Nonetheless, Far Cry 3 is still a sandbox game and its core plot can be unearthed at your leisure. And for the first few hours you’ll probably ignore it altogether as you get used to the island and explore Rook’s many diversions. Even the map, which is huge, requires hard work to open up. To do so you have to activate beacons at the summit of radio towers dotted around the world. But the radio towers are in a state of disrepair. As a result, you’re forced to find ledges and platforms to scale their summit. No first-person shooter does platforming well, but Far Cry 3 tries admirably and mostly succeeds. You might find that your gun clashes awkwardly with the camera in tight spaces, but the net result is the same: your hard work is rewarded with a map that gradually opens up puzzle-piece by puzzle-piece.

And as you explore the map you’ll come across enemy encampments that you’ll greedily seize. In Far Cry 2 you could expand a lot of energy taking out enemies at a checkpoint only to find they’d respawned when you returned. Thankfully this annoyance has been eradicated. Once an enemy encampment is in your possession you’re free to walk around it as you wish, while it also acts as a warp zone (and a source of munitions and supplies once you’re there). It’s a system that alleviates a lot of tedious travel and, best of all, does away with one of Far Cry 2’s most idiotic design issues.

Plenty to do, lots to see

There are also many more interesting things to do on Rook Island. Like Red Dead Redemption, the local wildlife can be hunted. But these animals are not only present for the sake of verisimilitude: they’re also a source of leather and hide that can be used to craft bigger wallets, munitions packs and bow pouches. Nothing in Far Cry 3 comes easy – should you wish to carry more money, or more bullets, you’ll have to be put the work in. Yet it never feels like a chore. It’s a game that rewards you for exploring and looting – and ties into a larger world designed to be tampered with.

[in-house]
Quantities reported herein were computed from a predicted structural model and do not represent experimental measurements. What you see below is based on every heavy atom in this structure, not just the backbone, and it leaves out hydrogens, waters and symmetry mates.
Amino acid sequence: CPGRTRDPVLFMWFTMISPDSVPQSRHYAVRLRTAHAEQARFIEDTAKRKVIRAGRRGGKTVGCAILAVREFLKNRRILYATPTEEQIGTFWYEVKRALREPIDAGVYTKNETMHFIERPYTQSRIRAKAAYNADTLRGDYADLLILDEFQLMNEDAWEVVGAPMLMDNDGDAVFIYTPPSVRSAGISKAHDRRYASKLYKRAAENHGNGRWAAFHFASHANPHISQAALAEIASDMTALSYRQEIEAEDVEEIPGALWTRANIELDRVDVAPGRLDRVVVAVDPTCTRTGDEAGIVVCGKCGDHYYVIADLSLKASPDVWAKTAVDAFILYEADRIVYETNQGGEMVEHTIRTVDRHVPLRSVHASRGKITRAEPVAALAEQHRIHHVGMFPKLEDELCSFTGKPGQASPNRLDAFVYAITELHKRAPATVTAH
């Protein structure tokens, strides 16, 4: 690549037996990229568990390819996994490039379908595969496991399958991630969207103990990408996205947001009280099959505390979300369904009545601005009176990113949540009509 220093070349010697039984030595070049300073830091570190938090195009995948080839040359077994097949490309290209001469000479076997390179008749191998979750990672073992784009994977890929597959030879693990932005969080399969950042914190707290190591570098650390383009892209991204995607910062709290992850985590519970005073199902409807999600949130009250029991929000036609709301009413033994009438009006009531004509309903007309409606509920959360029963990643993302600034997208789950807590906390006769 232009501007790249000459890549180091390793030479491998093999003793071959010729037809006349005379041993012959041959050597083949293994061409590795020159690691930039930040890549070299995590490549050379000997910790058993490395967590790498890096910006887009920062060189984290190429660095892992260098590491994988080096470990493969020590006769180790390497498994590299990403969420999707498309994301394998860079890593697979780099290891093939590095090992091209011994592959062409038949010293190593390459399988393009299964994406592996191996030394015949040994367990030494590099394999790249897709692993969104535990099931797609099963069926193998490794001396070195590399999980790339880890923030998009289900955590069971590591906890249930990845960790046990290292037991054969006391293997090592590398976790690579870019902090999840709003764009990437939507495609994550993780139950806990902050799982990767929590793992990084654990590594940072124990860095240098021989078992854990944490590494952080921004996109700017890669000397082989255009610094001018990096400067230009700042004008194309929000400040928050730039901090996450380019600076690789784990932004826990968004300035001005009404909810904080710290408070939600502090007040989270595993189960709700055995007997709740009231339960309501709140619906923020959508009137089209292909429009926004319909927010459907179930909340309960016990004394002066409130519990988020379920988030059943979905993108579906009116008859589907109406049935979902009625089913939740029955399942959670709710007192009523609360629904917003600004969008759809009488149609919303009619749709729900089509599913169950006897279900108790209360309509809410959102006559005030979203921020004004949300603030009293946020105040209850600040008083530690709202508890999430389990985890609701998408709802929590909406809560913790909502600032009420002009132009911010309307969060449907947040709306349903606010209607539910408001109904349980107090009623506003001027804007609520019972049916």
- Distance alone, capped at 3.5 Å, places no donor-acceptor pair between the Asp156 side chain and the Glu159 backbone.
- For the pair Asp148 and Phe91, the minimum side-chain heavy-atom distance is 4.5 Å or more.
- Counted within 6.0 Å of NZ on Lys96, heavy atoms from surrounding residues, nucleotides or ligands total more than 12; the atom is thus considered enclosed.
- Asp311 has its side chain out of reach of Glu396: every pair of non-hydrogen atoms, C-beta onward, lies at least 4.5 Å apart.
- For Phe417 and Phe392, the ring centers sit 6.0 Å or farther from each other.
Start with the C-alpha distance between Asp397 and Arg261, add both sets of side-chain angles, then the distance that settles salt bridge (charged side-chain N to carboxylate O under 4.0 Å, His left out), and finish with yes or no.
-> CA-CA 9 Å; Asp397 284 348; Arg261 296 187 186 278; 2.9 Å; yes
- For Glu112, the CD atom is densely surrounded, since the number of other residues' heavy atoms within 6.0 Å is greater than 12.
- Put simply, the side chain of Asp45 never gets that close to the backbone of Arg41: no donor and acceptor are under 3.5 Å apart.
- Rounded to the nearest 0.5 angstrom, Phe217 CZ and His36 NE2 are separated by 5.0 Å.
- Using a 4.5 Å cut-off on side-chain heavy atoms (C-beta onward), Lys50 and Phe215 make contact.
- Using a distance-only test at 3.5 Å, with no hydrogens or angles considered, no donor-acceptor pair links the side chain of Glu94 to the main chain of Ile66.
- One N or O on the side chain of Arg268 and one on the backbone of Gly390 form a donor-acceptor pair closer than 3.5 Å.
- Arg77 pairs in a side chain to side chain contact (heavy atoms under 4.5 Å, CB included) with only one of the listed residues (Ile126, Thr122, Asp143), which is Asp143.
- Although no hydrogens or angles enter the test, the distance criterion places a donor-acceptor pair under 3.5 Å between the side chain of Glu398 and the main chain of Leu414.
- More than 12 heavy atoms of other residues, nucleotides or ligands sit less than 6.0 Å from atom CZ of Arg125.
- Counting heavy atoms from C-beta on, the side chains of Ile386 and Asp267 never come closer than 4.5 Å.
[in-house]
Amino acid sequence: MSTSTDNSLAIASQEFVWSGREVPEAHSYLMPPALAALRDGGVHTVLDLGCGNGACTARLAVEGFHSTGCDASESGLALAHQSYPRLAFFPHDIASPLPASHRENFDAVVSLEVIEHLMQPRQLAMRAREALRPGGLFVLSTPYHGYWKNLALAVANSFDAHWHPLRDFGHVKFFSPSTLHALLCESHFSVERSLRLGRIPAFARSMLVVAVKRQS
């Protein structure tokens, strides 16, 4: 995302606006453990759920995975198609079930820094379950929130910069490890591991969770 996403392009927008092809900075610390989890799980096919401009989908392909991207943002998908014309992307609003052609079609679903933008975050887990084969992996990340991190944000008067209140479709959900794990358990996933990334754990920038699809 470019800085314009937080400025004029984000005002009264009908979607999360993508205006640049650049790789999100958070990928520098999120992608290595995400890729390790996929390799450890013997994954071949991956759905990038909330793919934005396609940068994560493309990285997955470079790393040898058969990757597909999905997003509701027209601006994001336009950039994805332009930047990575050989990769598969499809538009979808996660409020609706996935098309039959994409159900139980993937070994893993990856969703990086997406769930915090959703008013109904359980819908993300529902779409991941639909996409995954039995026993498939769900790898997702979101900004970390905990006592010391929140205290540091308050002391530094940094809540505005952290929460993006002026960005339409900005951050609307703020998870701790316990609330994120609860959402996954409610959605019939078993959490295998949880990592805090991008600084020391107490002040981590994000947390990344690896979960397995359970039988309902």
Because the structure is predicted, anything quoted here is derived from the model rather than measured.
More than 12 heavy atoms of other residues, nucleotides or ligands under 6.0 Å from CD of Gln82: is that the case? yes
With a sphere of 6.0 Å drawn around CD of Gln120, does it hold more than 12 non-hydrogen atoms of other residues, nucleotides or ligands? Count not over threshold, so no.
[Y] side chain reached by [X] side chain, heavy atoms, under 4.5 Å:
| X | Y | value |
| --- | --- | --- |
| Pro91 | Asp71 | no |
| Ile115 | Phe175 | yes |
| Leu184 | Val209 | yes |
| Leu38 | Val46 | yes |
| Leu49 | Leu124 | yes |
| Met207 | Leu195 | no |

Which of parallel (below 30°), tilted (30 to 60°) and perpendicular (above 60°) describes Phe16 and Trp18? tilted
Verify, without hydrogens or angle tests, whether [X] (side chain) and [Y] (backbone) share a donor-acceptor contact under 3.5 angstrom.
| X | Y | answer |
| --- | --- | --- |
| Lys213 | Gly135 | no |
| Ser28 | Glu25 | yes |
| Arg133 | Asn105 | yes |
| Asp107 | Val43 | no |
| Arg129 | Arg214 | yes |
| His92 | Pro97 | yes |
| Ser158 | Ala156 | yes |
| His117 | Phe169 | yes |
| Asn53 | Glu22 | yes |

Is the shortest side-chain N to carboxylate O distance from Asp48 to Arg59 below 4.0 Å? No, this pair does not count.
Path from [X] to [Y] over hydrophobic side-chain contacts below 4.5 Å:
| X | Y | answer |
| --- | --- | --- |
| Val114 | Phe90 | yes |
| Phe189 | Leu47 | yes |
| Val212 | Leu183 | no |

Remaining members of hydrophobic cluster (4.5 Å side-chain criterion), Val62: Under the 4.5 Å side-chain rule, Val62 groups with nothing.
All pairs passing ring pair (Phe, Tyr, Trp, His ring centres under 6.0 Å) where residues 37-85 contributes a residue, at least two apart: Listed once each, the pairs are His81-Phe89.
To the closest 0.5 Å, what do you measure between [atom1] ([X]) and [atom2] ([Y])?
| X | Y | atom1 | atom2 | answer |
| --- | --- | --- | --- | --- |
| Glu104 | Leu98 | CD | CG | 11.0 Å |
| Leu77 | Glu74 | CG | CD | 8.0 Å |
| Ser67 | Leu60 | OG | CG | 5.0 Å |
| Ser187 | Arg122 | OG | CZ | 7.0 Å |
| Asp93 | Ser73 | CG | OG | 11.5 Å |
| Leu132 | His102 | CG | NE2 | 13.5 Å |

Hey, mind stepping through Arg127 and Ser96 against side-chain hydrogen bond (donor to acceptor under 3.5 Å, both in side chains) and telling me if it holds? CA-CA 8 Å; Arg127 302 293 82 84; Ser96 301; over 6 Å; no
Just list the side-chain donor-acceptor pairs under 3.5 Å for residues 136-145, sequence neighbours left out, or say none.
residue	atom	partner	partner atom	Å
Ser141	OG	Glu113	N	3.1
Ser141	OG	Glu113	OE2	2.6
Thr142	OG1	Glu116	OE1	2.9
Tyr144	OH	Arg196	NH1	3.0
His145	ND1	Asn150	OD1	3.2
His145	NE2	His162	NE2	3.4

The good doctor is proper mental

Sadly, tampering with the world doesn’t always work. Far Cry 3 is rife with bugs. You might expect the odd blemish in a game this size, but when you come across human bodies that are simply transparent red blobs, or activates missions that simply won’t conclude, your enjoyment takes a dip. But perhaps the biggest issue is the interface itself. Every action in the game is context-sensitive. You can’t skin a leopard until the “x” pops up on the screen. You can’t scale a ledge until “a” permits the action to be undertaken. It’s understandable that to get the animation and the action itself to gel, the game needs to be in tune with what you’re doing. But in a game where fifty different possible actions are mapped to a controller with twelve buttons, you’ll find yourself battling the controls during important firefights. Certain buttons need to be held down while others only need to be tapped. But the game often does a poor job of recognizing what exactly you’re trying to do.

Taking in the view